The corresponding deindustrialization of the long crisis occurs within and outside the United States. Regions that fall from industrial centers into “rust belts” are a global phenomenon. Waves of deindustrialization hit China at the turn of the century, and following the 2008 global recession. Hollowed out cities can become inner city slums, or in some cases hubs for “creatives” and financiers. Simultaneously, rural regions might be abandoned and fall to wasteland. Alternatively, they might be repurposed as primary production sites, with oil fields, mines, farms, or become sites for energy production. Other options include redesignation as recreational areas or as prison or military complexes (17). A global crisis is restructuring the geography of production, and with it class, inside and across international borders. Hinterlands proliferate.

Proletarian Separation

Neel considers how working class politics should proceed in the face of global deindustrialization which has defeated historical workers’ movements and longer term goals of communism. That’s a big focus of the book, how tactics should change in the new terrain of capital. The Commune’s Jasper Bernes, who is cited in Hinterland, stresses in a recent presentation that theory is shaped by action on the ground: “Theory is imminent to social movements and antagonist projects. and therefore we can read off of tactics an organic understanding by participants of the changed landscape they inhabit.”

Given the global nature of capitalist exploitation, any revolutionary efforts will need global connections, but this is a difficult proposition. While the shared experience of exploitation under capitalism is universal, the “specifics differ so wildly that they seem to prevent any direct connection based on simple life experience.” The working class shares the alienating factors, what the Situationists called the “unity of separation,” but allegiances will ultimately rest upon “one’s level of antagonism towards” capital, and toward that alienation, rather than class position alone (20). This seems to address the difference Marx noted between a “class in itself” and a “class for itself” with the latter finding the common grounds on which to challenge capitalists. Neel does not posit a revolution without the working class. Instead, he is examining the terrain of capital after the decline of the historical workers’ movements and searching for the commonalities among working class people that will be the likely rallying points of struggle. The “ULTRA” website, to which Neel is a contributor, puts it like this: “This ‘we’ is only a beginning. Any unity that we may share will be a contingent one, repeatedly tested in fire.”

Neel and others look closely at the changes in production and class composition that make class struggle in the vein of the traditional workers’ movements less likely in their view. The roots of these questions over class composition and the very idea of the centrality of the working class as revolutionary subject go back to at least the 1917 Russian Revolution, in which corresponding revolutions in Germany, Italy and elsewhere failed and were crushed by fascism and authoritarian regimes (and many argue the Bolsheviks brought the defeat of the proletarian revolution in Russia). If the working class was not to be the central subject of the revolution, many wondered if substitutes could emerge in national liberation, peasant, student, or other movements. Some argued that the old Leninist and anarcho-syndicalist parties had only tried to capture existing production and manage it in a more socialist way, whereas the changing terrain of capitalism now called for “communization.” This means that communism is not achieved “after the revolution” or delivered in stages. It will be the process and form of the revolution itself. As Gilles Dauve wrote, it will be “a violent decisive break through the entire social, political, and ideological structure” (Dauve, 33).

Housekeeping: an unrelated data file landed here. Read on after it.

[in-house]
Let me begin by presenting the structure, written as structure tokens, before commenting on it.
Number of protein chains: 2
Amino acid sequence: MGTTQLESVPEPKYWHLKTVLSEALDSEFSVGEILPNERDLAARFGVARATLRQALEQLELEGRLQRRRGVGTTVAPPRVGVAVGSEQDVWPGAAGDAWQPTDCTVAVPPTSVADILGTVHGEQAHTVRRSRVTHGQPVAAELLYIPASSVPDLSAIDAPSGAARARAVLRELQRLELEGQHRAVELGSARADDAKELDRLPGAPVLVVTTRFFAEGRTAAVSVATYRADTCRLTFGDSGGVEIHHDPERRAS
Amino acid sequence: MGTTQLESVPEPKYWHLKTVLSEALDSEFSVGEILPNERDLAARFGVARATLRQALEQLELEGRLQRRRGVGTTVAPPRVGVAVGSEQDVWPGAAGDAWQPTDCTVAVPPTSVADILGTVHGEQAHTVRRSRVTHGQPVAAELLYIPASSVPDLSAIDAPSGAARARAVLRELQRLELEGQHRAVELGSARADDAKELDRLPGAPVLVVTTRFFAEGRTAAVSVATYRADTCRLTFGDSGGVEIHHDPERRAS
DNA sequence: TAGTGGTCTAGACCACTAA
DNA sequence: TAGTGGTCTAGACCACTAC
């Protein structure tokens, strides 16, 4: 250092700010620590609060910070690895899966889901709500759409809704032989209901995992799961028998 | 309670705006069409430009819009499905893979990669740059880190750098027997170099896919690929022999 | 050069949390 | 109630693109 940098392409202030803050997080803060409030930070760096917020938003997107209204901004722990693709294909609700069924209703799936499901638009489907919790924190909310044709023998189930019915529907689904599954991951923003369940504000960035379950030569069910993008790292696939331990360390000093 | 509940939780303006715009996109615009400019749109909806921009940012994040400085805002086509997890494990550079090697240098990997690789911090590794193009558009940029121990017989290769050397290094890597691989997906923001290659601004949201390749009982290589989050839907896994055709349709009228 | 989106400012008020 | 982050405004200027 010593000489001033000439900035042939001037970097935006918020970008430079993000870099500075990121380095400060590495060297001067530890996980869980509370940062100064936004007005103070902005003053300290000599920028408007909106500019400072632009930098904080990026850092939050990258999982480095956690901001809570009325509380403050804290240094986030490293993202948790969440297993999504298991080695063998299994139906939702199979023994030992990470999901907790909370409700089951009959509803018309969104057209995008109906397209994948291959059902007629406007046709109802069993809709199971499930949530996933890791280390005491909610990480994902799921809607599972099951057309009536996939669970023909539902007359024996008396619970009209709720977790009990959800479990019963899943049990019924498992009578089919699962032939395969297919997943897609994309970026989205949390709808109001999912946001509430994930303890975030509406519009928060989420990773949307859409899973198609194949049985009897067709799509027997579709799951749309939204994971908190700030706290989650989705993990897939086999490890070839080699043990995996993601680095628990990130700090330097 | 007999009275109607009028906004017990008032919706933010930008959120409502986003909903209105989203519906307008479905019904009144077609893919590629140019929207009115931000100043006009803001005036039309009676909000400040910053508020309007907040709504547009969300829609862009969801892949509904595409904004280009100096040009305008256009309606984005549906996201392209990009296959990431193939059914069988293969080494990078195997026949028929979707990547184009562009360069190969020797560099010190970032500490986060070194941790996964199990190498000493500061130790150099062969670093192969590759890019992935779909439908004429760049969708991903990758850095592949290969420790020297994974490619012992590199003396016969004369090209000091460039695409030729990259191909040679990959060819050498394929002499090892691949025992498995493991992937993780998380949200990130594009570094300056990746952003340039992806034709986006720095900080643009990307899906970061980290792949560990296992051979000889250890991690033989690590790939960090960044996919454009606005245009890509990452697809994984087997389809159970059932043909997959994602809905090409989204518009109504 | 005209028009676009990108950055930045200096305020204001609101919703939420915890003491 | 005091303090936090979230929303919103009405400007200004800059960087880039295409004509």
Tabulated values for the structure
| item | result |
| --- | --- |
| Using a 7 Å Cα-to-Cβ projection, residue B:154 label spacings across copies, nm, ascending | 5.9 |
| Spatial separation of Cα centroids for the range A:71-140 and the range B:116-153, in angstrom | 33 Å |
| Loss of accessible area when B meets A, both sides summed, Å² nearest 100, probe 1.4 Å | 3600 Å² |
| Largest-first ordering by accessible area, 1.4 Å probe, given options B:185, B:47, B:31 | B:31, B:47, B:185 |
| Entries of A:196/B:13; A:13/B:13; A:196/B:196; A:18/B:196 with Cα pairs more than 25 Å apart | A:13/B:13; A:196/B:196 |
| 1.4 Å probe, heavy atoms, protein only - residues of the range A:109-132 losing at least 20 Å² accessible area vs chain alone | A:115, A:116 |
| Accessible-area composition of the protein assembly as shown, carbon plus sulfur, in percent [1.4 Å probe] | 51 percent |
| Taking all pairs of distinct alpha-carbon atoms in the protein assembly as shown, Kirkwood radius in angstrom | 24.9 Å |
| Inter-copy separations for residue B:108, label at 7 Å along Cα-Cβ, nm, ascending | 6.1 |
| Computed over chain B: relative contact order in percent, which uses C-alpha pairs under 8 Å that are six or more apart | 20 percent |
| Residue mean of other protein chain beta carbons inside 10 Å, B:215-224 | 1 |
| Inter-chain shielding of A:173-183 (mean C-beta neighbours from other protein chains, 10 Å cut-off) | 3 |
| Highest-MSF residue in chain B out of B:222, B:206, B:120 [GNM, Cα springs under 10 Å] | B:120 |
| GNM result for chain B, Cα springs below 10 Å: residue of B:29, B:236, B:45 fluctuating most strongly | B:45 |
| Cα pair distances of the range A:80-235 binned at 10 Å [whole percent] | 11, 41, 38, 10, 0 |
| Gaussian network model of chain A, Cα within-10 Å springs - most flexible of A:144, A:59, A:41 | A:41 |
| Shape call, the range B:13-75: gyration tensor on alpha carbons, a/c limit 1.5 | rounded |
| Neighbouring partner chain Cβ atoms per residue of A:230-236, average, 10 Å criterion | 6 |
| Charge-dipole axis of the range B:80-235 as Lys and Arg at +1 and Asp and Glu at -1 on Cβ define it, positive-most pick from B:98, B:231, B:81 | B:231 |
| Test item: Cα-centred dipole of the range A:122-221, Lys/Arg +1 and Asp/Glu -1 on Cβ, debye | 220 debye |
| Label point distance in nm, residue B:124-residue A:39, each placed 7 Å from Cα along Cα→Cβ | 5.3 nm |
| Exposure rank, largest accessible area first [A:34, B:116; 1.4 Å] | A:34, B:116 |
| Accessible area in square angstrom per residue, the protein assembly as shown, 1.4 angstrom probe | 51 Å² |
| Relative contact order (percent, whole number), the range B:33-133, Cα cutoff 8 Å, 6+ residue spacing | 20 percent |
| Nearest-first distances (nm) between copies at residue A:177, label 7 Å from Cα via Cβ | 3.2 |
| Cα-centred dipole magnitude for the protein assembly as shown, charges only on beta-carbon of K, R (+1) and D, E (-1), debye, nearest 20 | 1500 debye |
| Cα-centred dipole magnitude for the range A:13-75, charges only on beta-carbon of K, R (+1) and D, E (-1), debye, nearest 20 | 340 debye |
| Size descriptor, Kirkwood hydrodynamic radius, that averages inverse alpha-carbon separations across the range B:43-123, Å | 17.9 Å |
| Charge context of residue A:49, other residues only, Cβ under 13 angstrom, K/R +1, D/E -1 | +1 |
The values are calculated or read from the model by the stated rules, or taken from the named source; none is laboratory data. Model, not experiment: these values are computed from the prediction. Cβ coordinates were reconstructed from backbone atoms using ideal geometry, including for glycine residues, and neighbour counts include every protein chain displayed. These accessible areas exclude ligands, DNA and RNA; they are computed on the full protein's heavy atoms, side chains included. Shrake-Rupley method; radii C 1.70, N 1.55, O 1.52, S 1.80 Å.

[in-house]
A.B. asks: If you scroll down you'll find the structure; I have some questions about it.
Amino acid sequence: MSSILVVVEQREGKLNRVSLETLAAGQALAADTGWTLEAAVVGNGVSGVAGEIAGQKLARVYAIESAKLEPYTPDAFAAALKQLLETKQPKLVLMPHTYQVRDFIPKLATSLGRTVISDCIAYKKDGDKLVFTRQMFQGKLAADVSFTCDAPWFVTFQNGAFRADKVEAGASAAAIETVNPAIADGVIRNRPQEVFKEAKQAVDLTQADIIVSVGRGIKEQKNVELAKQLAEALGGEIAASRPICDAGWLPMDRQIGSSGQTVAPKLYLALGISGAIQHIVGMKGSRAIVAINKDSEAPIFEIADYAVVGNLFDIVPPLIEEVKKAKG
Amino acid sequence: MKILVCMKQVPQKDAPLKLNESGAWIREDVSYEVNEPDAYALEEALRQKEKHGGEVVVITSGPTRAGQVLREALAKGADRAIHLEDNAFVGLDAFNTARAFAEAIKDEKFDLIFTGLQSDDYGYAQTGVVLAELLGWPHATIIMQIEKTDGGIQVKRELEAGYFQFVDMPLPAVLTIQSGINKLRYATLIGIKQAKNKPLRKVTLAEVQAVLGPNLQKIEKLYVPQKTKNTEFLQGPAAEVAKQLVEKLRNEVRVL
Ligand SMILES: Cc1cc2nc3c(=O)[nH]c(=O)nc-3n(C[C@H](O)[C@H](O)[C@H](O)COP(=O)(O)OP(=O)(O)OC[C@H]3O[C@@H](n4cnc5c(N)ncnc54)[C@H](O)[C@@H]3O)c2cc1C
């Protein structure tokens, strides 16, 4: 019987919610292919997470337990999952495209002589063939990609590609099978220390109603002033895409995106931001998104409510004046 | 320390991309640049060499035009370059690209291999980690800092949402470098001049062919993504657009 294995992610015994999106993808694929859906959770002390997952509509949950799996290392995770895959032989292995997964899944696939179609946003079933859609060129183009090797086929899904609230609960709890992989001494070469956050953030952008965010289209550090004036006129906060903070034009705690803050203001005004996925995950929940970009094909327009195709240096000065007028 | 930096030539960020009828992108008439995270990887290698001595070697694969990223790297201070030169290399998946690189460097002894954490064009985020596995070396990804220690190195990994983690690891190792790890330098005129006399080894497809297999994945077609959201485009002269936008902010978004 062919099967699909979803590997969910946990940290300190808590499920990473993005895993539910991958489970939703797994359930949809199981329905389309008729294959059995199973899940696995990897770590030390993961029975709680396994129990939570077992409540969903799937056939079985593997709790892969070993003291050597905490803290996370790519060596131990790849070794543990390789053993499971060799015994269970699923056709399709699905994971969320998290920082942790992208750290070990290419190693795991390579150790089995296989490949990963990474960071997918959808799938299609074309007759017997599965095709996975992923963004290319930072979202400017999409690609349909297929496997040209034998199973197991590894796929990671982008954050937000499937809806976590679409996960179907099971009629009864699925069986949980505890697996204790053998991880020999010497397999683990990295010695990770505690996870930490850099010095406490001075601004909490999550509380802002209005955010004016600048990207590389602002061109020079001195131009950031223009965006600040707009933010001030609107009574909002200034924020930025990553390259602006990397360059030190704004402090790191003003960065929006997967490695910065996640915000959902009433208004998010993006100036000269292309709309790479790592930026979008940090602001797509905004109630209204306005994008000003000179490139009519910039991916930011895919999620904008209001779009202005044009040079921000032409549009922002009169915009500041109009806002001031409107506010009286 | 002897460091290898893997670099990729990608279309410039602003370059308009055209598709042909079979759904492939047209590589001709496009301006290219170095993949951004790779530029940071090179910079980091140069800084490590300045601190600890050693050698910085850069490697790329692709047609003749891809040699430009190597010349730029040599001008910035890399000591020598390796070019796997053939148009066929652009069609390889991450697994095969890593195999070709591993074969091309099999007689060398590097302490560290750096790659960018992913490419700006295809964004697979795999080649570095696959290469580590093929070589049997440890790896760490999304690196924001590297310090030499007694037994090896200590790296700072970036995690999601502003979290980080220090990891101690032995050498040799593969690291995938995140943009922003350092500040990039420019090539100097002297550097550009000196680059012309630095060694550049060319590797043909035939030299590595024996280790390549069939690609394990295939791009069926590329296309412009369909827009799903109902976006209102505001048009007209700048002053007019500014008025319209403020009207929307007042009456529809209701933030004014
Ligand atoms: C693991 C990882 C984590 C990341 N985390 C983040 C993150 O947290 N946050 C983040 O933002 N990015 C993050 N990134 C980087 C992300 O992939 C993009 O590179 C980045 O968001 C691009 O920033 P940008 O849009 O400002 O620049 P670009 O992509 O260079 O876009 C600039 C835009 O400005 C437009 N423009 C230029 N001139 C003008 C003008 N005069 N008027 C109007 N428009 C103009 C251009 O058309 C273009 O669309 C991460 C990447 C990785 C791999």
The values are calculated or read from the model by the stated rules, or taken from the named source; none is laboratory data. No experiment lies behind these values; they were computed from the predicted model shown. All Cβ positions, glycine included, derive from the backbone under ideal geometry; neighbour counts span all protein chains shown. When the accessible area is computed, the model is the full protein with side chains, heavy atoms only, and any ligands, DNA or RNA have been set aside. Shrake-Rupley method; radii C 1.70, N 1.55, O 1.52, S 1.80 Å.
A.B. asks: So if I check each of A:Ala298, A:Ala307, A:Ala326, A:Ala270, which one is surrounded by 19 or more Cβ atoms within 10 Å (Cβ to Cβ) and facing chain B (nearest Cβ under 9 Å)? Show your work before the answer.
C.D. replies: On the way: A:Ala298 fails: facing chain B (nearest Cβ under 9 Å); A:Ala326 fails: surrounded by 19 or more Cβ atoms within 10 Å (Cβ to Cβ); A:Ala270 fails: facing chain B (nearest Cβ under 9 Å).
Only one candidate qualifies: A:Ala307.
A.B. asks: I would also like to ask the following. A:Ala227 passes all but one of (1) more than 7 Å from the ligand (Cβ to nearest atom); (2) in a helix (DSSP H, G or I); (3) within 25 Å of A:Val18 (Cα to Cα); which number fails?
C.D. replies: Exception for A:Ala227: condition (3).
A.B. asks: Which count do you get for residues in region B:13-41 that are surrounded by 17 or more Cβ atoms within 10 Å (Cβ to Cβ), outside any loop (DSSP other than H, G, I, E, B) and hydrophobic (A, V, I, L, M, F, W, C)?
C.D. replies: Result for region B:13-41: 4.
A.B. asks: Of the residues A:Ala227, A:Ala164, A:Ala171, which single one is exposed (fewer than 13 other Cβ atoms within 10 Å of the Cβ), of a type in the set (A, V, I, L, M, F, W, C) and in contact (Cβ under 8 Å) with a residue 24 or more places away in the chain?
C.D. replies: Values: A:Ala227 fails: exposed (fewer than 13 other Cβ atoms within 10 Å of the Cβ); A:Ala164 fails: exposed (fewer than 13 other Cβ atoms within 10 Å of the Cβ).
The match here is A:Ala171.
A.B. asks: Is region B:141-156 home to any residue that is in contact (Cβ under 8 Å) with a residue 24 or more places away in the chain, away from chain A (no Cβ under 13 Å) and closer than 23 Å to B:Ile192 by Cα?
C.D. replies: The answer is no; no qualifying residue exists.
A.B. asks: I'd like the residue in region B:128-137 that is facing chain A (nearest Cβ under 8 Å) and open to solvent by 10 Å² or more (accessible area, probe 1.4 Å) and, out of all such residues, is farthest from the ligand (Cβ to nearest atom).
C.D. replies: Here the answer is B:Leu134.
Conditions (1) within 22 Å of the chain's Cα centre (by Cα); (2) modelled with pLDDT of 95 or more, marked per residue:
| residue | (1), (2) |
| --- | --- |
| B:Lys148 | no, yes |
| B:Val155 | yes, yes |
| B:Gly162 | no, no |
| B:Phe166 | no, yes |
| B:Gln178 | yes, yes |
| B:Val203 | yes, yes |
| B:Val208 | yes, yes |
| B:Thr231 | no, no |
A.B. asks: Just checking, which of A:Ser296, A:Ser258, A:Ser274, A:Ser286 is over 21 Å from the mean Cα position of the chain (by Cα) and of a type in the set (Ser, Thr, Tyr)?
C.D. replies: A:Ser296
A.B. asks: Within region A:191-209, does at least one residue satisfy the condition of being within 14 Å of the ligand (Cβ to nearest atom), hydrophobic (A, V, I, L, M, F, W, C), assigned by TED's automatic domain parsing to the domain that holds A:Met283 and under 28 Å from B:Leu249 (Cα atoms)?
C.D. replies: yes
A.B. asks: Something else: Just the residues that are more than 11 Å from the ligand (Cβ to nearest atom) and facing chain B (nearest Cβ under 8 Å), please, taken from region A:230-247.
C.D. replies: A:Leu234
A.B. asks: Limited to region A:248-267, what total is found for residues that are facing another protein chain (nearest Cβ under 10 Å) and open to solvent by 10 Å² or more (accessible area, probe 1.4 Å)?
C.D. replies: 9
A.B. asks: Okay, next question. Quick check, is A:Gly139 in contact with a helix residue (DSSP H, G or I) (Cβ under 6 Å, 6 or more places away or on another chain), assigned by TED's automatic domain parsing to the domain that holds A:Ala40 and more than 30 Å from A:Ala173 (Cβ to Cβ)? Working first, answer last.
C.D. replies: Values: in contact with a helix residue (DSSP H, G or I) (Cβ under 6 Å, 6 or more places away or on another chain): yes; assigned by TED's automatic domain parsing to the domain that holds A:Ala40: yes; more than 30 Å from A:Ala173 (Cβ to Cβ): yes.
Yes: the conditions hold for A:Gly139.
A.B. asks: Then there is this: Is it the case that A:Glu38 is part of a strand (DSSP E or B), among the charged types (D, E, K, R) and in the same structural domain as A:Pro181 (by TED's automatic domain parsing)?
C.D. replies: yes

Communism is not an ideal to be realised: it already exists, not as alternative lifestyles, autonomous zones or counter-communities that would grow within this society and ultimately change it into another one, but as an effort, a task to prepare for. It is the movement which tries to abolish the conditions of life determined by wage-labour, and it will abolish them only by revolution. (Dauve, 31)

Some communization theorists have focused on the way that workers have been more and more excluded from work, which represents a break with the past in their view. Workers’ struggles of the past had focused on seizing the means of production, but the present stage of capitalism, as described in the journal Endnotes saw “a working class in transition, a working class tending to become a class excluded from work.” It is the debates over the precarity of work, and how it limits the possibility of labor struggles which largely frame the question of tactics for the working class today.

Forces Of Labor

I’ll use Beverly Silver’s 2003 book Forces of Labor to represent a counter-view to Neel’s view of the present situation for the global proletariat. Silver is associated with The World Labor Group Database, influenced by the World-Systems theory of Fernand Braudel as well as Immanuel Wallerstein and others. Some of the differences between Silver, on the one hand, and Neel and some of his associates on the other, involve the centrality of organized labor movements, and specifically the resistance at the point of production in the tradition of historical workers’ movements. Silver explains her milieu’s basic outlook in Forces of Labor: